The Space Between – The People Side of Change

I was a fresh MBA student, on my intern assignment between semesters at the ripe young age of 26. I had just finished a year of “Business 101” and was bursting with confidence (some might say cockiness) across every function of business. My assignment was to implement a recently purchased Accounting System (AccPac) across a small manufacturing business. This enterprise had just been spunoff from its parent and had no business systems of its own (unless you count a half dozen paper rolodexes as ‘CRM’). My response to the challenge: “What do I do the other 3 months of my assignment?”

Of course, (I would learn later) I was making the same mistake most organizations make when they set out on an ambitious course for change: Underestimating the people-side of the equation. We refer to this as “The Space Between” – it’s the space between the new direction, and the technology. The new direction is critical, the technology choice important, but it’s the space between that often gets underestimated and as a result, under-managed.

In this case, there were only six front-office staff, but the work involved to gently bring them along to the new system was an immense undertaking. The System choice was made for me, and it very well could have been the best choice for the situation. The objective of my assignment, and the direction made a tremendous amount of sense. But, what no one fully appreciated until well into the project was that modernizing this small operation in less than four months, was the business equivalent of trying to turn an aircraft carrier 180 degrees in 30 minutes.

My being a temporary resource, and leading the change as an ‘outsider’ didn’t help. In some cases, when there were new activities the Managers needed to own but weren’t interested, it became a game of ‘chicken’ – who was going to blink first and give in and do the task? They knew if they resisted long enough, I’d do it for them, and soon I’d be gone and “everything would be back to normal”!



In retrospect, and from experience of a number of similar assignments since, I can now identify a number of areas organizations often under-estimate, and leave to their internal Agents of Change (e.g., PMO, Performance Management Office, Strategy Office, etc) to cope with:

  1. Marketing, Selling, and Promotion – Someone in a Senior Leadership position needs to ‘sell’ the change to the organization and answer the critical questions of ‘Why’ and ‘Why Now’ in some form or another. This needs to happen in advance of mid-level managers approaching Departments with new activities to undertake which can often be viewed as ‘extra work’, if not properly positioned.
  2. Content Readiness – Someone with enough experience to judge, needs to take the time to review what data, sources, definitions, and interrelationships exist prior to transferring into an automated system. Remember, if one teaspoon of sewer water gets into the system, the entire system can get contaminated (not to mention, lose all credibility!) This is the ideal time for example, to challenge the feasibility of KPIs or the alignment of Strategic Projects that plan to be tracked within the system.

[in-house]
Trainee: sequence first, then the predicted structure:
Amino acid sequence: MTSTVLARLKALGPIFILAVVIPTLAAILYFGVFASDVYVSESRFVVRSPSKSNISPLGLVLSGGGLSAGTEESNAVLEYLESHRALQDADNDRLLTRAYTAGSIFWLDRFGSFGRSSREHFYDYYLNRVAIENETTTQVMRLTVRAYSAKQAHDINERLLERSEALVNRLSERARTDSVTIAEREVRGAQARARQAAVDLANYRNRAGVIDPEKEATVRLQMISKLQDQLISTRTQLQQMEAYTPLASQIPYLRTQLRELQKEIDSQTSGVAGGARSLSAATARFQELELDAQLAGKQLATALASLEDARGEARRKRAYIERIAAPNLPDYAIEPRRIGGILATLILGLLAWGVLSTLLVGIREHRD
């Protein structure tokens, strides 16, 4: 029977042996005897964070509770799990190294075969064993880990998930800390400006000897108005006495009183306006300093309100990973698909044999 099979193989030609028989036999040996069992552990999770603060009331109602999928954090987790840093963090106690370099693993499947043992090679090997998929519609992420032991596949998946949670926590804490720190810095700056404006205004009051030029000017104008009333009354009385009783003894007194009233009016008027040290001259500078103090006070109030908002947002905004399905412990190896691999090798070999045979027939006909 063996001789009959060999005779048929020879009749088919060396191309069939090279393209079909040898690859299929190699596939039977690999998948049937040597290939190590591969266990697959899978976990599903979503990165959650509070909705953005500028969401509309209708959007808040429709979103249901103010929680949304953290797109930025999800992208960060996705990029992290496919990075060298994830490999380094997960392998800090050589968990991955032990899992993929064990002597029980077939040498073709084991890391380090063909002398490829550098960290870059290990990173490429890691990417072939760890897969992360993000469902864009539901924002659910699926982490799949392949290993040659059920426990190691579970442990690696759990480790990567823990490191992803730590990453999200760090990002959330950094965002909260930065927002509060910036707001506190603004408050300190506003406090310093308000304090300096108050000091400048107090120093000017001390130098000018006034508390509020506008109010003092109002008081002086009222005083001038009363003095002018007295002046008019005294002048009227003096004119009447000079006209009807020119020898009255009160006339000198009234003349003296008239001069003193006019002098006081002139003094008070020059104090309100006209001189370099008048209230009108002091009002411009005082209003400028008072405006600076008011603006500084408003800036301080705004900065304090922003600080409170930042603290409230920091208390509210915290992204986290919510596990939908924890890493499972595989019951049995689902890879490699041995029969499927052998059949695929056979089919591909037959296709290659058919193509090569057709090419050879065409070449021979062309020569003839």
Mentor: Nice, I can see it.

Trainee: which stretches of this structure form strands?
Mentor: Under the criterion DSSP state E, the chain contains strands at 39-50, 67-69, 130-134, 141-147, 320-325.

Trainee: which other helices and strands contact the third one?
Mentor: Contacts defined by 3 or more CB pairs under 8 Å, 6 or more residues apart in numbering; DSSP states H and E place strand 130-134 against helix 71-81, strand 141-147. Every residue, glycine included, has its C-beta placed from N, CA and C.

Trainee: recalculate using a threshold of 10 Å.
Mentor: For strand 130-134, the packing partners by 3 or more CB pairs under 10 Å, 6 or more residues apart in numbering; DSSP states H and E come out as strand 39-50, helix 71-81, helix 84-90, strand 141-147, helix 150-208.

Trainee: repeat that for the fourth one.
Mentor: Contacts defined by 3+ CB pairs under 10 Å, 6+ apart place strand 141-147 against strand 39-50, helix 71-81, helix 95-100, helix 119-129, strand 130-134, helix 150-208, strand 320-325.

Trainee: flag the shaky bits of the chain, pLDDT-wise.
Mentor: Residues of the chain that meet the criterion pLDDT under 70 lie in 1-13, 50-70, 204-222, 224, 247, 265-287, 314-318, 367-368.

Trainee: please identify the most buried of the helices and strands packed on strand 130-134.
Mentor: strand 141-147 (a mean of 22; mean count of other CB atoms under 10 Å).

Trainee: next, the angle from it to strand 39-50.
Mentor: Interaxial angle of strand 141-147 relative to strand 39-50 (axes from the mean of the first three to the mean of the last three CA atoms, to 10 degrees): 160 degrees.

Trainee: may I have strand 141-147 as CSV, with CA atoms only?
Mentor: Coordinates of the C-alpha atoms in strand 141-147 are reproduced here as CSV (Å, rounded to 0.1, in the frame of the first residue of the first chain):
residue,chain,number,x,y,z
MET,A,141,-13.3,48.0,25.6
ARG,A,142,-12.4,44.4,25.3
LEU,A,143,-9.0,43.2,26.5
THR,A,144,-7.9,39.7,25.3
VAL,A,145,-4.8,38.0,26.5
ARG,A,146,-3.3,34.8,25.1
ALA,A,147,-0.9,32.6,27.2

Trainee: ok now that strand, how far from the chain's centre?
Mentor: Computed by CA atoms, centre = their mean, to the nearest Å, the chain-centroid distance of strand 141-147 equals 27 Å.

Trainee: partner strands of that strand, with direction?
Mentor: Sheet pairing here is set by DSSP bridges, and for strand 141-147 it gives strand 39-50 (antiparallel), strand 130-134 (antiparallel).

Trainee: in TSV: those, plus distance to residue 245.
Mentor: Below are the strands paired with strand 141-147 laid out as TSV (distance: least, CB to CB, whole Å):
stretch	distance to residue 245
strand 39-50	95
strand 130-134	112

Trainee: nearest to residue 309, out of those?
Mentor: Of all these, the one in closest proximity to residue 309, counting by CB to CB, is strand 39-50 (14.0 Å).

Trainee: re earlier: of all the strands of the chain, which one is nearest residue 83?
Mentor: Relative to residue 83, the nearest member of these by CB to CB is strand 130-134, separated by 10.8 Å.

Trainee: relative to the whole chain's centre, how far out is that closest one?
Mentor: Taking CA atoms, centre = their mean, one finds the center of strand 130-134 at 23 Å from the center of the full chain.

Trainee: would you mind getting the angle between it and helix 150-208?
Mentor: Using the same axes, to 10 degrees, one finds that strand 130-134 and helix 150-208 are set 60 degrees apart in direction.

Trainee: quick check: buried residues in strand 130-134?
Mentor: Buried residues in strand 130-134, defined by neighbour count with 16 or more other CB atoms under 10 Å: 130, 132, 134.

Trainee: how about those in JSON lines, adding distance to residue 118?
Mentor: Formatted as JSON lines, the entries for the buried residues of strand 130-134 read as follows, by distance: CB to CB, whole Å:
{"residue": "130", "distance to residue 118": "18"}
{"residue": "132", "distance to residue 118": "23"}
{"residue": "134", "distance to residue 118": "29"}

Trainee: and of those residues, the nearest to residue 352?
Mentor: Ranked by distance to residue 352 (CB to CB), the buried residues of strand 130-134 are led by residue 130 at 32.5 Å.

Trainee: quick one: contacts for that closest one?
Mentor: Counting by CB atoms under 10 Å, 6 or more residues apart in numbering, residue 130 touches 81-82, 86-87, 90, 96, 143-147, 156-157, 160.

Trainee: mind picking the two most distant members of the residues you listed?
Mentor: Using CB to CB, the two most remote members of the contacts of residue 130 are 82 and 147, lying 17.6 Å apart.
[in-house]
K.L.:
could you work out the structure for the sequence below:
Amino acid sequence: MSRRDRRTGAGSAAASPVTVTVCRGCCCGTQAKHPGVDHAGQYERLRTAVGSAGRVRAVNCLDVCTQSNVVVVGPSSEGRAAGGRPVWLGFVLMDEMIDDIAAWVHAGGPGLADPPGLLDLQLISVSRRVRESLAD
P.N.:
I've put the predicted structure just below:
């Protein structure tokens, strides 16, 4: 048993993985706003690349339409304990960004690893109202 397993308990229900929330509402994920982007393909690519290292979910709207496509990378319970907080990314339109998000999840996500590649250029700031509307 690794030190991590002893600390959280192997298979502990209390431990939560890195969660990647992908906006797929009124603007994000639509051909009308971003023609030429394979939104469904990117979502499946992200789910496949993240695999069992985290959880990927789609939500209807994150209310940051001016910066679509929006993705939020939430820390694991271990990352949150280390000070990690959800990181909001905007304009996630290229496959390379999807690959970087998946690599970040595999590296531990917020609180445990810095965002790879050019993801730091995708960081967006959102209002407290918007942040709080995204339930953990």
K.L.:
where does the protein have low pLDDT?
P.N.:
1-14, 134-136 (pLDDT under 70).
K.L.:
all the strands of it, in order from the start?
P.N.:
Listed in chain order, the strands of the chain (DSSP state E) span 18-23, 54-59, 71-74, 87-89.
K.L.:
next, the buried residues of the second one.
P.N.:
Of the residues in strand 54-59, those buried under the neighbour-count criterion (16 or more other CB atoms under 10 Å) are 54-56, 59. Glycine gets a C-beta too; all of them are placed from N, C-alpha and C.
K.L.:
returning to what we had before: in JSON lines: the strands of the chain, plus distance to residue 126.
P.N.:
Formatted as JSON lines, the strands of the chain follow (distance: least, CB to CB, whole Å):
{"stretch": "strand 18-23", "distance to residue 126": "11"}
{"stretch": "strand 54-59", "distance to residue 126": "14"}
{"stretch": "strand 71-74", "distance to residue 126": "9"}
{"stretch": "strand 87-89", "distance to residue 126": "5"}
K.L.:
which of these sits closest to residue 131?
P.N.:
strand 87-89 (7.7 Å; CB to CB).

3. New Management Practices – These are the new behaviors that need to be driven to get the most out of the new program and direction. Activities like regular reporting, management accountability for data and analysis, alerts as early warnings for outliers, management review calendars, report designs, etc. These need to make sense for the organization, and again be ‘sold’ to the practitioners to ensure compliance.
  4. Training – Everyone from IT Admin staff, to super users, to active practitioners, and executives need to be made fully aware of their new role as it relates to the new way of doing things, as well as feel completely comfortable within the new realm. Often Systems providers will include sufficient technical training (e.g., login, define a new KPI, etc), but frequently a broader scope of training is required. This broader scope of training would answer such questions as ‘What is my role in the new way of doing things?’, ‘What about my manager’s role?’, ‘What was wrong with the old way?’, ‘How does this make us more competitive?’, etc. This offers another opportunity to promote the benefits of the change, but the main objective here is building confidence and comfort among the workforce in the new way.

The challenge with the above-mentioned activities, is that since most organizations underestimate this ‘People Side of Change’, they make a number of false assumptions that add risk to an already ambitious program.


Given these common pitfalls, a few challenge questions to the program can help ensure the proper planning and staffing is in place ahead of time.

Keep in mind, if your change managers can get freed up from doing repetitive work (e.g., scrubbing KPI’s or training numerous departments), their value to the program as well as their drive will go up by focusing on what they’re trained for: facilitating the process internally and ensuring the organization is reaping maximum value from their investment. This focus will also bring them back to the table to assist in performance analysis and a contribution to the direction of the organization.


The main goal in most change programs is better decision-making for the organization, and this can only be helped by not being too distracted by the performance process, and by keeping focused on ‘what are we going to do about it?’.


Neil McDougall

Neil McDougall is the Managing Director of Dubai-Based CalShea Management, and Published Author of the article “Promoting Economic Development: Strategic Agendas in Action”, Harvard Business School Publishing, November 2007


WordPress Lightbox Plugin